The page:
Use of the horn – if the light has turned green and you’ve not moved for more than 0.5 of a second, people will gladly call your attention to this fact. The horn will definitely wear out quicker over here, at times it seems as though everyone should just learn Morse code; with so much honking from every direction, it is sometimes difficult to understand who is beeping at whom, and for what purpose.
There used to be a roundabout between our flat and the in-law’s house. It was always interesting watching people use it, for two reasons; 1) Roundabouts are relatively unique, in Astana at least, so people didn’t always seem to use them in the same way as other drivers also present, and 2) The rules aren’t the same as back in the UK; If a major road meets a roundabout, the people already ON the roundabout have to give way to others joining the melee from the major road. It worked so well, they’ve now converted that particular roundabout back to a normal junction. It does at least now have pedestrian crossings, so you can be more morally indignant if you get run over.
Zebra crossings are one way to bring a little adrenaline into your bloodstream. If you try and cross them as you would back home, you WILL end up having a heart attack. The best way to approach them seems to be to wait for the least amount of traffic to be approaching the crossing, and try to figure out which cars are actually likely to slow down, let alone stop, for you. Some drivers will beep to let you know that they have no intention of slowing down; others have actually switched lanes, seemingly to increase the chance of a bone vs. metal match up.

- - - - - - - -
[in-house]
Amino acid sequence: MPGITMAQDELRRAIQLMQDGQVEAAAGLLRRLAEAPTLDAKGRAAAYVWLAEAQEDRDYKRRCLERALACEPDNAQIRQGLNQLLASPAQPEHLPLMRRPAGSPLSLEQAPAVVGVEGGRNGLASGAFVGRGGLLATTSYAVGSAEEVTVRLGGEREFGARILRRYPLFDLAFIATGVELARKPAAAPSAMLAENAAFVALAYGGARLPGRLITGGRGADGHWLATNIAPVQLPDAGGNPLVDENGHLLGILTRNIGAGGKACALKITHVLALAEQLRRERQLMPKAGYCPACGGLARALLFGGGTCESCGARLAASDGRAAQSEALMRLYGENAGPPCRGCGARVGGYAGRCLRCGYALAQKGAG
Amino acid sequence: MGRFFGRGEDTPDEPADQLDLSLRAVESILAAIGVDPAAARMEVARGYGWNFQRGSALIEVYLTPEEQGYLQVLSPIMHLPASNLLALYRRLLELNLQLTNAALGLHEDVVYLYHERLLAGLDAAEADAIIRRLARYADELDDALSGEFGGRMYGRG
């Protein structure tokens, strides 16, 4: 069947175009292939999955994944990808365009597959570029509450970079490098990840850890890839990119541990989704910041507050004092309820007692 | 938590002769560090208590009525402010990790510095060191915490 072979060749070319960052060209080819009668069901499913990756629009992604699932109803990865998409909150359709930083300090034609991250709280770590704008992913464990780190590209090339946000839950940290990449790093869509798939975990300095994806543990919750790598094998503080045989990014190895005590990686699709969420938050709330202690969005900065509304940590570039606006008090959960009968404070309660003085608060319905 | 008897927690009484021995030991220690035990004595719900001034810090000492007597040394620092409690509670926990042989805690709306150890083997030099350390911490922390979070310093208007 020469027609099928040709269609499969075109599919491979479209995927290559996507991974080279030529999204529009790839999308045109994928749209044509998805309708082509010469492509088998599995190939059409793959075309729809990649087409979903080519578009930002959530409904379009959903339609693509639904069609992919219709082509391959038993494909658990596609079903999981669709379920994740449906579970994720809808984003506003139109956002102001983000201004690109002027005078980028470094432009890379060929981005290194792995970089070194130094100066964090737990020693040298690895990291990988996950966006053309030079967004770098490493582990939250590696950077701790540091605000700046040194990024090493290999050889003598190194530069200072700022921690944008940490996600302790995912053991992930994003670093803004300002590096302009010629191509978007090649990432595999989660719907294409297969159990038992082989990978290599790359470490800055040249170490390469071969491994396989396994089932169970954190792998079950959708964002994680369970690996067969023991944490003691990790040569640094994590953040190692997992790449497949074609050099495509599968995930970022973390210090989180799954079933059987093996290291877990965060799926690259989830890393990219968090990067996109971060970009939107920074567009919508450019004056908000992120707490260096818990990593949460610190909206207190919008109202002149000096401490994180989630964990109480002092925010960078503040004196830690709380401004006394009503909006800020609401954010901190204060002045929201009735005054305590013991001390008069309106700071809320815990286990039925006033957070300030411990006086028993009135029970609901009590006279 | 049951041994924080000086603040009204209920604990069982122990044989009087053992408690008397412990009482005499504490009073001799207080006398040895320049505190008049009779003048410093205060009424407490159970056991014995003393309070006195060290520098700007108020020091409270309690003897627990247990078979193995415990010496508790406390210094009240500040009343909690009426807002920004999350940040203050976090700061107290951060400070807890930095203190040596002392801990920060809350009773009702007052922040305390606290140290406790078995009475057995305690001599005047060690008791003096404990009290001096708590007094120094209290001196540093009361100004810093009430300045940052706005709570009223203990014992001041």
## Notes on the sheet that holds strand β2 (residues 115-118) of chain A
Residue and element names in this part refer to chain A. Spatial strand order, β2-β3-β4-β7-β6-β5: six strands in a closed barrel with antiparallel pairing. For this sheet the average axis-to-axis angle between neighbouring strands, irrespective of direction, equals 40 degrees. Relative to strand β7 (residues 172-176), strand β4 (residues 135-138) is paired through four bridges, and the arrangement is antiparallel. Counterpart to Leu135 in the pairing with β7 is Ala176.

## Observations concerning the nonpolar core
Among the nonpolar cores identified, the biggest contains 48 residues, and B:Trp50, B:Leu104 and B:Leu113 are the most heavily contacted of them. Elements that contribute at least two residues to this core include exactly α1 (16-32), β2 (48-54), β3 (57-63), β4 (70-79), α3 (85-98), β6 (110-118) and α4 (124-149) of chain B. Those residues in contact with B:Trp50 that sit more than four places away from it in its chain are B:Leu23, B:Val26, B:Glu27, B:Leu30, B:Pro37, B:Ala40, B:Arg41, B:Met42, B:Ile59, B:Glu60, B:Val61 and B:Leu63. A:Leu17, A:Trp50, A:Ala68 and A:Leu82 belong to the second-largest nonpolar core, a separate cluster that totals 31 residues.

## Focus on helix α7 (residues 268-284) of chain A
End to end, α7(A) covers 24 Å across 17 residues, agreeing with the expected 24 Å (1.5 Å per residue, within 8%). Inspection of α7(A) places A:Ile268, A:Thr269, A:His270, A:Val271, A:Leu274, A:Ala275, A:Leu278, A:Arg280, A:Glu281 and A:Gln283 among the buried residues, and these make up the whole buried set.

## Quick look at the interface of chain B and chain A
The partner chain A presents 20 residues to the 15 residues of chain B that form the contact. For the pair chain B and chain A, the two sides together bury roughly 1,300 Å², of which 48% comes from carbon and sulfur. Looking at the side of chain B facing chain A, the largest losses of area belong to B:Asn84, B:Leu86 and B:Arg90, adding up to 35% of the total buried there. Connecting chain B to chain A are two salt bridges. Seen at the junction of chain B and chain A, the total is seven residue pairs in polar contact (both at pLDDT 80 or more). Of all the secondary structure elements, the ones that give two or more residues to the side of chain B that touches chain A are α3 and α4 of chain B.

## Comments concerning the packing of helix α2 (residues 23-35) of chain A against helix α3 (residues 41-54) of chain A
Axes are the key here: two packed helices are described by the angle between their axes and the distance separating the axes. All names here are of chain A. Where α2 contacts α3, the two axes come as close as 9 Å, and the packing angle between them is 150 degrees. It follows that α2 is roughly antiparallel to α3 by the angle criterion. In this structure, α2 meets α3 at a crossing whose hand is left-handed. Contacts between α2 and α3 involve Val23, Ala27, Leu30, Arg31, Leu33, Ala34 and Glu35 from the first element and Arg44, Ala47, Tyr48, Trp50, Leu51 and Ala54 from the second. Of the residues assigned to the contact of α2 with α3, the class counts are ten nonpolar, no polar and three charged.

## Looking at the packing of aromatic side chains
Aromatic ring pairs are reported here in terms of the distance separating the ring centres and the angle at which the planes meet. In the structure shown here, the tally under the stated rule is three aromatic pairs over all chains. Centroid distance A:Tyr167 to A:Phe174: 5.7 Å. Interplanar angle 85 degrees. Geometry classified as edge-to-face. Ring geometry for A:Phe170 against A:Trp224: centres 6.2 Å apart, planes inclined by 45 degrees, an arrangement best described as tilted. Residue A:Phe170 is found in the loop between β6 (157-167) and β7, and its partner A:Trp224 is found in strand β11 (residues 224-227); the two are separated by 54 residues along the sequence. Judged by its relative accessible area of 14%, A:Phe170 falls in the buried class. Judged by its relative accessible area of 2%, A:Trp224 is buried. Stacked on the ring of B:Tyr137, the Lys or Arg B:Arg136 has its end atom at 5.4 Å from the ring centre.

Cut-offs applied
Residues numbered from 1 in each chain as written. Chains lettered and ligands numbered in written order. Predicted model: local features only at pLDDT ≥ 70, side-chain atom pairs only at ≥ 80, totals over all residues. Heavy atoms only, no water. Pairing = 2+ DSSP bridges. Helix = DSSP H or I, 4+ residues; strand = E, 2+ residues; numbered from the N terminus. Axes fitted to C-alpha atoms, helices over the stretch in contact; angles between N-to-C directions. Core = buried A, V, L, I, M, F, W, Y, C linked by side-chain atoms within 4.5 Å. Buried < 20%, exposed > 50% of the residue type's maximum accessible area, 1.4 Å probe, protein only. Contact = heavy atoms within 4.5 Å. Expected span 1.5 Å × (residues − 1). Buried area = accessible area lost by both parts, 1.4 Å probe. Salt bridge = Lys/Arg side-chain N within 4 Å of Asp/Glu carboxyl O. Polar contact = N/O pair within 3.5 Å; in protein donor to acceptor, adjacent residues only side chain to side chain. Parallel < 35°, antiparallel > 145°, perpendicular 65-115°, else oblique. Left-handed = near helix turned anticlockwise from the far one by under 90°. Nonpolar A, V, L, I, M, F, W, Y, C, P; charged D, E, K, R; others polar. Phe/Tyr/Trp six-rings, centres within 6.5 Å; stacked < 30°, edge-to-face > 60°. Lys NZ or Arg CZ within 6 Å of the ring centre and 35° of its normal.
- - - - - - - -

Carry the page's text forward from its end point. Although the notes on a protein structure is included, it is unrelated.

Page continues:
Every time someone important decides to travel somewhere in Astana, police will close down the roads the VIPs intend to use, and some 5 – 10 minutes later, you’ll see the President/Government Minister/Foreign Valued Businessman shoot past, in a cavalcade of Limos, Jeeps and/or Hummers and occasionally police motorcycle out-riders.
Just because you are a pedestrian though, don’t assume this will have no impact; we’ve been waiting at a bus stop, next to a bus lay-by, and found ourselves moved BEHIND the bus shelter, for security reasons!
Moving onto the more positive aspects of motor vehicles in Kazakhstan; the buses and mini-buses, whilst not particularly able to stick to their timetable due to the recent explosion in traffic volume, are dirt cheap, at least if you’re spending UK wages.
The availability of taxis may not, at first, appear that great. Once you realise that a lot of ‘civilian’ drivers will happily stop and give you a lift for a quickly bartered fee, getting from one place to another seems a lot easier. HOWEVER, in the same way as hitch-hiking in the UK, you DO need to be careful about personal safety. Don’t travel alone, and don’t get in the car if there is more than just the driver there. (Small children/grannies/granddads are possible exceptions). Basically, be aware of the situation you are placing yourself into.